Frankenstein’s Army combines genres that have business with each other: a World War 2 thriller and a found footage horror film. Director Richard Raaphorst begins with a group of Russian soldiers who are in charge of reconnaissance. Crucially, one of the soldiers has a camera (a brief prologue explains he’s a student of cinematography, and he’s filming them for posterity). The group finds some disquieting things alone the countryside: there is a pile of burned nuns, and another corpse looks like a steam-punk nightmare. Before long, the soldiers realize that the grandson of Dr. Frankenstein (yes, that Dr. Frankenstein) is creating Nazi super-soldiers, one with simplistic yet brutal weapons attached to their bodies.
The creatures are wholly convincing. A memorable one has a swastika emblazoned on its forehead, and a giant drill bit for a mouth. Their killing methods are gleefully disgusting: one soldier has his head squeezed until his brain literally pops out of his head. It’s gross and fun, yet Frankenstein’s Army falters with its flat characters and disorienting visual style. The actors accents are inconsistent, and the camerawork is deliberately sloppy so that when the mayhem begins, we cannot fully comprehend their terror. Raaphorst has a perfect premise – demented Nazi monsters are irresistible to horror fans – yet his execution cannot match his imagination. By the time Dr. Frankenstein reveals his true intentions to his final victim, there’s no serious engagement with this kind of material, so this horror film amounts to little more than a highly specific, bloody playground.
Early in Michael H. Profession: Director, the Austrian director patiently explains how he respects his audience. This respect, he reasons, is why he’s able to challenge them (all his films are disturbing, and usually on multiple levels). This documentary looks at his films, going in reverse chronological order. Director Yves Montmayeur, who worked with Haneke throughout his career, gets uncommon access to the work behind the scenes. We see how he works with actors – he pantomimes what he wants them to do – and how demanding he can be. There are also interviews with Haneke, and he (wisely) avoids talking about what his films mean. Method and intent are far more interesting.
Unlike most documentaries about famous artists, you absolutely need to be familiar with Haneke’s film to take anything about from this. Montmayeur assumes the audience has seen all of them: they never discuss plot, and instead go into greater depth about Haneke’s formal instincts, and how they tie to grander themes. In the discussion of Cache, for example, Haneke describes how he intends to deconstruct the audience’s typical notions of objectivity. It’s intellectually challenging stuff, but rewarding since Haneke is brilliant and, like all great directors, can easily articulate what he wants (a film director is the last job where someone can command dictatorial power). Any fan will admire this highlight reel of his career, but if multiple interviews with Isabelle Huppert do not pique your interest, neither will this documentary.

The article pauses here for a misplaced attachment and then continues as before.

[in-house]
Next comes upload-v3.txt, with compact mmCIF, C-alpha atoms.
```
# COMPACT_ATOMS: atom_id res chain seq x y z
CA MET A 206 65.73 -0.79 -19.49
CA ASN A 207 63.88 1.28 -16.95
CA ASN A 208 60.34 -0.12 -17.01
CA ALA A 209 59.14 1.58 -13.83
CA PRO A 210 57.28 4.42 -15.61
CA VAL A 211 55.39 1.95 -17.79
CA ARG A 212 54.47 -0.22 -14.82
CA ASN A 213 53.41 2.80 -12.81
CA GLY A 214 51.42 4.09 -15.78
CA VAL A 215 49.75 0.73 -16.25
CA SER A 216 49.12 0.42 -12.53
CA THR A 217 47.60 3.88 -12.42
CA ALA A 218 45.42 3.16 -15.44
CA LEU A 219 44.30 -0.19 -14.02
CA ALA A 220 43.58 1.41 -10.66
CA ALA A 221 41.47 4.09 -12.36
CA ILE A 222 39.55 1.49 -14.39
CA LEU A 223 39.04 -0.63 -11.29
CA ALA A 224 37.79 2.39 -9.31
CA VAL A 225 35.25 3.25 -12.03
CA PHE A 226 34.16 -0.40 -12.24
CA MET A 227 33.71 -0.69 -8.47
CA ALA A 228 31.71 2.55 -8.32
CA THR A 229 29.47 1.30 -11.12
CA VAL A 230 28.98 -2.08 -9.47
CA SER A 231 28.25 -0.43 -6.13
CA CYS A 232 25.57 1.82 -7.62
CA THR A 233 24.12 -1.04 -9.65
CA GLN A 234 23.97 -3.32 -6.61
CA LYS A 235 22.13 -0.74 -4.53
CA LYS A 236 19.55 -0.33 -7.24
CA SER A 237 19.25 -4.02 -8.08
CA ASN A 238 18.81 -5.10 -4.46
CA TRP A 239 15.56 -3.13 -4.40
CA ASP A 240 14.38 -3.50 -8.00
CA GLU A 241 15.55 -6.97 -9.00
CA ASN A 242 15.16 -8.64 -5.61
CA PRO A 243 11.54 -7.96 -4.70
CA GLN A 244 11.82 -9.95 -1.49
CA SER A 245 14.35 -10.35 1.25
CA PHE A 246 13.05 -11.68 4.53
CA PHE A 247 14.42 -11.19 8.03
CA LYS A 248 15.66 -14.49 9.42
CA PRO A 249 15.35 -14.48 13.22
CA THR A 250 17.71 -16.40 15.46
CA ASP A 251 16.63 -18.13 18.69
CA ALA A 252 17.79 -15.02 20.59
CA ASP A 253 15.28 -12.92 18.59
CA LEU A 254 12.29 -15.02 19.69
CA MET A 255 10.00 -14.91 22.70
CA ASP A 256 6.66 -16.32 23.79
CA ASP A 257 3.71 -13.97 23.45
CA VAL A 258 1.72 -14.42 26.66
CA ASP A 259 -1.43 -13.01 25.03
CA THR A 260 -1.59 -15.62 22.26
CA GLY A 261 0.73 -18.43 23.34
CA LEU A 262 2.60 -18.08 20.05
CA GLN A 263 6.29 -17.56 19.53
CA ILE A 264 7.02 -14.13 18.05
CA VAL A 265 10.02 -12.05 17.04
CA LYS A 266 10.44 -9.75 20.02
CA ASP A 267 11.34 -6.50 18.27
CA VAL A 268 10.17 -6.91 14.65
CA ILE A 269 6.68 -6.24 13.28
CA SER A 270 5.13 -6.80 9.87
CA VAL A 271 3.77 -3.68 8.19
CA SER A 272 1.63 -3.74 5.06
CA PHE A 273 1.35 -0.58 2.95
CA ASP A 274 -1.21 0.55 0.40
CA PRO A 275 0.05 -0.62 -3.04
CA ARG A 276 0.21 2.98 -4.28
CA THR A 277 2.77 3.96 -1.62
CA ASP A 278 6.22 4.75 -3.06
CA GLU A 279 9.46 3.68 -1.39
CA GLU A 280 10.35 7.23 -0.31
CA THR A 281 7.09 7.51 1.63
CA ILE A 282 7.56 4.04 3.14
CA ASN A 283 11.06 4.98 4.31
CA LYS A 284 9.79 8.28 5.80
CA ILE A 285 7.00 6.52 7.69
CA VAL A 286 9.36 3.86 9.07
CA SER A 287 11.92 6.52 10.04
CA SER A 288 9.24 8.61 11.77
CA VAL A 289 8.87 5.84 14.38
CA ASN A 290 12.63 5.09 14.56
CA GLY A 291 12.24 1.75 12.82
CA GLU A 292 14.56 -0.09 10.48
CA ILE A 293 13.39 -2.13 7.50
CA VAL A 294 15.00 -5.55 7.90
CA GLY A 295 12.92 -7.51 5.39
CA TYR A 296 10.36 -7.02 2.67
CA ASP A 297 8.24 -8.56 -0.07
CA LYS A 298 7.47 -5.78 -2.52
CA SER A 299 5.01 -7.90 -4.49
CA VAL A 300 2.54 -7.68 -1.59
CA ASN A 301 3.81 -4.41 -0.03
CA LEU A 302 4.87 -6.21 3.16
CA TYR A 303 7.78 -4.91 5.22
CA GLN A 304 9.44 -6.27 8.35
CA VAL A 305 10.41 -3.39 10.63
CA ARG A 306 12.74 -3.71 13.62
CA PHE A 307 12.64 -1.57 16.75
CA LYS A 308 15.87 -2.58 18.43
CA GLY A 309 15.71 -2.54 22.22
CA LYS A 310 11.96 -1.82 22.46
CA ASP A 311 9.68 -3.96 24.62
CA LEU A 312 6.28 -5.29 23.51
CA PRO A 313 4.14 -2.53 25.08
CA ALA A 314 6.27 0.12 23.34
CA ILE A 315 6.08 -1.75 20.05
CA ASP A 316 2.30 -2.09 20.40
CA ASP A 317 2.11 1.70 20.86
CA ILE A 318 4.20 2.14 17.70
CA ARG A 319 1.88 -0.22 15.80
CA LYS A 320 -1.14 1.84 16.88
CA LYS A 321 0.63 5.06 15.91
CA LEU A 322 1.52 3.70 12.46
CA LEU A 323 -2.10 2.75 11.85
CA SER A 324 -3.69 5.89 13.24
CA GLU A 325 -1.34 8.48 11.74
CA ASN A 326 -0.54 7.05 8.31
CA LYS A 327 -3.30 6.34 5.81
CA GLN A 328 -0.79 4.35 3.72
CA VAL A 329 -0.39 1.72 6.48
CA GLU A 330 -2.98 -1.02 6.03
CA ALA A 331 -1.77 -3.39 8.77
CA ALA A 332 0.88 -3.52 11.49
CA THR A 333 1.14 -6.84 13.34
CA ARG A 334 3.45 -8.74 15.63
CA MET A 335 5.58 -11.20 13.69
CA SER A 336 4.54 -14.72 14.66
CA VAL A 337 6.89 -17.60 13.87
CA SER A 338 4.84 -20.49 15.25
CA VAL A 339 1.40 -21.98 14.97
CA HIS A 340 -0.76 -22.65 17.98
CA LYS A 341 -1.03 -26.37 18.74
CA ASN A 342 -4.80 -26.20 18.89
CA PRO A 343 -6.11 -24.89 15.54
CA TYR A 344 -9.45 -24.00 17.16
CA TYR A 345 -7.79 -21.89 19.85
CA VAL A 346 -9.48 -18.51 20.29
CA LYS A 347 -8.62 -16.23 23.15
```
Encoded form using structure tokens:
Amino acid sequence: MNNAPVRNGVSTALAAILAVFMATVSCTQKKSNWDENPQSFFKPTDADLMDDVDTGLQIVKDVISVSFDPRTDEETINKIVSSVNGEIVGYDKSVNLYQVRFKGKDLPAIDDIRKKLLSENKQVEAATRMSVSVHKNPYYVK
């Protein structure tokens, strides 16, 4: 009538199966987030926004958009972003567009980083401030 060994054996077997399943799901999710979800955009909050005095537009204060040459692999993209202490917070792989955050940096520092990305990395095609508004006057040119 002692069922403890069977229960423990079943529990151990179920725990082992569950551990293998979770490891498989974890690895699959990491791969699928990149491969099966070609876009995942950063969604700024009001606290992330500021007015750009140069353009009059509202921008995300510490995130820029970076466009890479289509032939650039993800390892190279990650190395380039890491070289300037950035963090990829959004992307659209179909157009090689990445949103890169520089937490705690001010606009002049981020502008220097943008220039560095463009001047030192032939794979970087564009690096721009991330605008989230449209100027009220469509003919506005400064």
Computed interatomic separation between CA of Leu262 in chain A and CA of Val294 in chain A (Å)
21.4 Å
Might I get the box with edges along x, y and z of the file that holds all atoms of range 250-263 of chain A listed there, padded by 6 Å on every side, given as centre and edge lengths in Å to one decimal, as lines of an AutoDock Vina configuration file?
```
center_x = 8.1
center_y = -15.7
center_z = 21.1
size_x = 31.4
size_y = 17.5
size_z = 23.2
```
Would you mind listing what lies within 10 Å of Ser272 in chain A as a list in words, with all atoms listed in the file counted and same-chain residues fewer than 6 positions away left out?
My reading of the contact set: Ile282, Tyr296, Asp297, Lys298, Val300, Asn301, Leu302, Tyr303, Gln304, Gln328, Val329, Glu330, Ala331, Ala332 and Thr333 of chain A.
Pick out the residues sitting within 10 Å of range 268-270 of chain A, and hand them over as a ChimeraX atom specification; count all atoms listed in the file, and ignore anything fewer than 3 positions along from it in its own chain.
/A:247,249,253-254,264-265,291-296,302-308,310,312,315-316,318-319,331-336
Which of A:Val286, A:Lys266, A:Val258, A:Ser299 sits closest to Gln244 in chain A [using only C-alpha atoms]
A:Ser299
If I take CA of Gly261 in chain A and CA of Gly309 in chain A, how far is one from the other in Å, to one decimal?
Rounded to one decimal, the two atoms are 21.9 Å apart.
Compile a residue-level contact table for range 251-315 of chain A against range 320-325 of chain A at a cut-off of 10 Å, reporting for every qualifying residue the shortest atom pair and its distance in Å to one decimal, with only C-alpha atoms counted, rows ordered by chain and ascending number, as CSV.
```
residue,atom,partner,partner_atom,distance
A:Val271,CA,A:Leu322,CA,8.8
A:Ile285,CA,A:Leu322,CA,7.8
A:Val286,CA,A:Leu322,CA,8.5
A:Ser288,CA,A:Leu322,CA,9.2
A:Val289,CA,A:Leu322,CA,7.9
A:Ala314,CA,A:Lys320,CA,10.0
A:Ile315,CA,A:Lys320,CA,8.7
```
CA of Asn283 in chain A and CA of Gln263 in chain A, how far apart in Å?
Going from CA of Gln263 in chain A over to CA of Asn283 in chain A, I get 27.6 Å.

Whereas the Haneke documentary takes a traditional approach, Matt Wolf’s Teenage is riskier. The only imagery is stock footage from the early twentieth century, and well-known character actors (Jena Malone, Ben Whishaw) provide an impressionistic, melancholy voiceover. Based on a book, “Teenage: The Creation of Youth Culture 1875-1945,” Teenage describes how the West’s idea of youth and young people evolved. In the early twentieth century, the transition from childhood to adulthood was seamless: young men would abandon school for factory work, and soon create families of their own. That all changed with World War I. Soldiers were celebrated as heroes and this renewed an emphasis on youth. Trends grew popular in the post-war years – including swing and “Bright Young Things – although this shift in culture took a darker turn in Germany.
Wolf lays out his thesis early. Young people feel a need to assert themselves, and the establishment’s attempts to quash their voices will only make them more defiant. The problem with Teenage is how it lays its cards on the table too quickly: Whishaw, Malone, and the others repeat the same argument without elaborating. Editing and music are the documentary’s saving grace: the score by Deerhunter’s Bradford Cox establishes a couple themes, all rooted in post-punk, and music guides us through all the emotional cues. This type of montage is effective – many music videos use the same technique – and it’s surprising to see how Wolf uses it for a feature-length film. Teenage is not a historical record of adolescence, but it does succeed in giving an idea what it felt like to be a kid back then, which is precisely what the kids wanted all along.